Stocks More Expensive Than 2000

By Joseph Calhoun of Alhambra

Value investors did fine during the bear market of 2000-2002. Today the overvaluation is more diverse

This week’s chart comes to us from Ned Davis Research via this article on MarketWatch:

S&P Median P:S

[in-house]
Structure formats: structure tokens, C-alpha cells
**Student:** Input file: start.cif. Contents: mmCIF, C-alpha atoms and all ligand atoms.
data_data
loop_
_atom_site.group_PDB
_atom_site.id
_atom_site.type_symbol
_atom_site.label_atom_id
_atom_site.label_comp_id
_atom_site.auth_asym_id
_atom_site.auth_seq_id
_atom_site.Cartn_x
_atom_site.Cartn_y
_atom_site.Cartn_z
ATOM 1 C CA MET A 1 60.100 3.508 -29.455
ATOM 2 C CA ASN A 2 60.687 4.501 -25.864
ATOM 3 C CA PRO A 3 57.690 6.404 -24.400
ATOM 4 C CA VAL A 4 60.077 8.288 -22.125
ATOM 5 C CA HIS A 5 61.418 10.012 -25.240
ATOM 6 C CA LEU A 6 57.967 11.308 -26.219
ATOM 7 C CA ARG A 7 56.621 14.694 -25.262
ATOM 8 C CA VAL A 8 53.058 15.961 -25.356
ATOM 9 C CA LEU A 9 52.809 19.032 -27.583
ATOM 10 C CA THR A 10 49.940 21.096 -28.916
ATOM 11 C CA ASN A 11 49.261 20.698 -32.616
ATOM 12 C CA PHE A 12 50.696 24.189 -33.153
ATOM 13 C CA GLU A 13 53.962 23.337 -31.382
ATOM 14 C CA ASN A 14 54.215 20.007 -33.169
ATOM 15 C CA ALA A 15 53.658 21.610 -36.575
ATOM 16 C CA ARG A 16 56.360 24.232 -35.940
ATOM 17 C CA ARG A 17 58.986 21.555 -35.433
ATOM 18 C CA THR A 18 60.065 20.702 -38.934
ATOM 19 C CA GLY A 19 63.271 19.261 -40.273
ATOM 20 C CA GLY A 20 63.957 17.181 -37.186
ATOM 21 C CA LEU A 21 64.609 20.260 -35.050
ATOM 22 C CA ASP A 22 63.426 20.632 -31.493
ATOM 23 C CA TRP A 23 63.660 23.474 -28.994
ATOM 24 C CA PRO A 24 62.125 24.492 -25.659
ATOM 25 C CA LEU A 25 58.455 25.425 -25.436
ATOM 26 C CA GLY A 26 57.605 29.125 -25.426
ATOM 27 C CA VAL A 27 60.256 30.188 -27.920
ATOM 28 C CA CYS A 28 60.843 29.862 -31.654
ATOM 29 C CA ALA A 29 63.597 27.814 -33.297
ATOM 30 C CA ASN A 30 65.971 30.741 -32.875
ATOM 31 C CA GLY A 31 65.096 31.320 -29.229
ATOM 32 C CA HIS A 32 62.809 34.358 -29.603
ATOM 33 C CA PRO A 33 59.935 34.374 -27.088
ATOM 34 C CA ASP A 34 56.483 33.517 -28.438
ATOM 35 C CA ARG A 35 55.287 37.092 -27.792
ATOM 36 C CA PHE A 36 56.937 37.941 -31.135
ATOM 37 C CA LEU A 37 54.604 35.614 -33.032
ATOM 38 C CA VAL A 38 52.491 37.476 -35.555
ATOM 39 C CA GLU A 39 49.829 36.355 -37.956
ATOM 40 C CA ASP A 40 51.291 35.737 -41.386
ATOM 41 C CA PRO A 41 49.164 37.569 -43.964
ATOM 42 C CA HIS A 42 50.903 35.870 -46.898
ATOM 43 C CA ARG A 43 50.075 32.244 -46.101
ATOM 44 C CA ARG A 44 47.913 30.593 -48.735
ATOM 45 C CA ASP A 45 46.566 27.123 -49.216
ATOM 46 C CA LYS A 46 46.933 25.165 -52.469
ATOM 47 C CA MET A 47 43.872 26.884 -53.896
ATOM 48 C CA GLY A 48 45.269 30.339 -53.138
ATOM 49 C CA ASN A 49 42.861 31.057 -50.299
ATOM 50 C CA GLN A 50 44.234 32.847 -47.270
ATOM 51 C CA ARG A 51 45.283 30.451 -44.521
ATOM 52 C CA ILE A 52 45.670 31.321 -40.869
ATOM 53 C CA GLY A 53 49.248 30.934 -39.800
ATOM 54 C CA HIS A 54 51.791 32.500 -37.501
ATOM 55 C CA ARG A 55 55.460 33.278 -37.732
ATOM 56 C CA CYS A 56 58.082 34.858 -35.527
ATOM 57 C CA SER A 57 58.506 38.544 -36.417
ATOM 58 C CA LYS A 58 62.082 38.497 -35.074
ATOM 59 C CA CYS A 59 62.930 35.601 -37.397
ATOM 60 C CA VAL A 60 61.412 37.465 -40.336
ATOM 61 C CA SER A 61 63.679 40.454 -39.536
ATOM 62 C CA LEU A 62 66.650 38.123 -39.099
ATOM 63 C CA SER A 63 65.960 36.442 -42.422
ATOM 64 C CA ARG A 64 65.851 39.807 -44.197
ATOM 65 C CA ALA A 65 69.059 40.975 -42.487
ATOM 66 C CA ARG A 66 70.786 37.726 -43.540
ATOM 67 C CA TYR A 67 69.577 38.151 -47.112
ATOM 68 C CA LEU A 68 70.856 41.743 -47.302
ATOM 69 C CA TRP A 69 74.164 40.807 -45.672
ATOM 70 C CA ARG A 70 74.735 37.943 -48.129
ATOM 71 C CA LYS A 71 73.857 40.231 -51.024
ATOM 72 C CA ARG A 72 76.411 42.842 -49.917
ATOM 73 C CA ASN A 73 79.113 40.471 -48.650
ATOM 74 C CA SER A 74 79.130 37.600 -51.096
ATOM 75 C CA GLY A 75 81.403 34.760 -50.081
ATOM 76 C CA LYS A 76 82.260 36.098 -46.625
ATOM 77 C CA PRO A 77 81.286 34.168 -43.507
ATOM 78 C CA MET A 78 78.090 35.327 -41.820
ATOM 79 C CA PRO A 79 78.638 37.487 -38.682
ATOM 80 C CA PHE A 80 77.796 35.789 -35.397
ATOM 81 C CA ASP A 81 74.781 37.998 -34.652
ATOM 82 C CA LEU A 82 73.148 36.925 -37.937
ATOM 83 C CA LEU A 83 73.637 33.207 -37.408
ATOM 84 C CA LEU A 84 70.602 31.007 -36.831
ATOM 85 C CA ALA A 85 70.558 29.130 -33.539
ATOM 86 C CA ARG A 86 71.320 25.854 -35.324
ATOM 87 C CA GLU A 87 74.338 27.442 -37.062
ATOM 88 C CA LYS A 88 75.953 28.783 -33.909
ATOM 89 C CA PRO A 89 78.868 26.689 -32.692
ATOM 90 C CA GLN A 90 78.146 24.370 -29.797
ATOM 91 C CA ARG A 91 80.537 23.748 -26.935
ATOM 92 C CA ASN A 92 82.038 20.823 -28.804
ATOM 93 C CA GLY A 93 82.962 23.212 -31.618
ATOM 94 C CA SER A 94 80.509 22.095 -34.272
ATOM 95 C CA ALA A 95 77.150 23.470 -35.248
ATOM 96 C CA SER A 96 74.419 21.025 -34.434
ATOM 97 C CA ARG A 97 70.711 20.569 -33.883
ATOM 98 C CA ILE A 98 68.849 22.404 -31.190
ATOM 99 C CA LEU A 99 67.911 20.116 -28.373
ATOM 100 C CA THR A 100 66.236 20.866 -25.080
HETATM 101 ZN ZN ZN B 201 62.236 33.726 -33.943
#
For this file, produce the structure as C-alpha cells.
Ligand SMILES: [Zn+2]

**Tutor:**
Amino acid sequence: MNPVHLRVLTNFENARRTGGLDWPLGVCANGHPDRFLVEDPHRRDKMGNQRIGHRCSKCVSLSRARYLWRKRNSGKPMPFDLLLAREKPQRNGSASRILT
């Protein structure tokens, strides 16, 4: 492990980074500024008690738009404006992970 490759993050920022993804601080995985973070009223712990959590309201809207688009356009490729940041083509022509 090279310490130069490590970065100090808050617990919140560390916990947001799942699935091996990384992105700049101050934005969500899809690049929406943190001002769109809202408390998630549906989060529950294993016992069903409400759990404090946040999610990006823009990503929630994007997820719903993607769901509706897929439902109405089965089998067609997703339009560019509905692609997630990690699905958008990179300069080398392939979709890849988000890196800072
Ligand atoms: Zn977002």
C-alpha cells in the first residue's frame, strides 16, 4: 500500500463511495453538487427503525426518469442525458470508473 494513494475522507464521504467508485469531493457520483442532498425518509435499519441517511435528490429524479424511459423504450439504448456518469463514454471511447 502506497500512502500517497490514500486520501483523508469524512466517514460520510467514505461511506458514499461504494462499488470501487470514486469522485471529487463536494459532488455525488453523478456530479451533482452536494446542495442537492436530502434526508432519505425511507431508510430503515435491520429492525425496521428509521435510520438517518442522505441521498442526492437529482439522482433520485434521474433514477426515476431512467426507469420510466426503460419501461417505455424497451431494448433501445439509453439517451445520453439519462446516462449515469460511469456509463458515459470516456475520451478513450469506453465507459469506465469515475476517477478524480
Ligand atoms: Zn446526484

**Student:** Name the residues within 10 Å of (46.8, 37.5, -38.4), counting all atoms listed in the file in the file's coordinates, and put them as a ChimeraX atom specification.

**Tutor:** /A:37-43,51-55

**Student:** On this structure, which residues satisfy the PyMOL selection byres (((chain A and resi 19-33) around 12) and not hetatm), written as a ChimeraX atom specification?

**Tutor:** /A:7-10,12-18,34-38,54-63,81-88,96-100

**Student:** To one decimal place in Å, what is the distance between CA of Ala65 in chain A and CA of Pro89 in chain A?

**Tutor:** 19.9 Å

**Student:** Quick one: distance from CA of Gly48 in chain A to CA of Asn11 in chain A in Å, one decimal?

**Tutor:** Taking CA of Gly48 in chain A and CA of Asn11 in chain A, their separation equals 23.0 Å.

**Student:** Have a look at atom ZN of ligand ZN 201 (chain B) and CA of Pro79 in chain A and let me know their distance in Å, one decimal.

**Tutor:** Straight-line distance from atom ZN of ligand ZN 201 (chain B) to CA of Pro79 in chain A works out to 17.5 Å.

What that bottom pane shows is that the median price to sales ratio for the S&P 500 is about 2.2. That is higher than in 2000, which was about as obvious a bubble as one is likely to ever see. But…. there are big differences between the 2000 and 2016 markets. Back then, one could pretty easily avoid the overpriced parts of the market by just avoiding technology. Value investors did fine during the bear market of 2000-2002. Today the overvaluation is more diverse and diffuse and much harder to avoid. Many of the traditional “safe” stocks are also some of the most expensive in the market. Proctor and Gamble (3.06), Johnson & Johnson (4.49), General Mills (2.22), Paychex (6.85), Pepsi (2.35), McDonald’s (4.19) and ADP (3.5) are all in the S&P 500 and also in the top 10 holdings of the US Minimum Volatility Index ETF that has seen some of the largest inflows this year. Investors seeking safety are crowding into the most expensive part of the market. Probably not a recipe for long term success.

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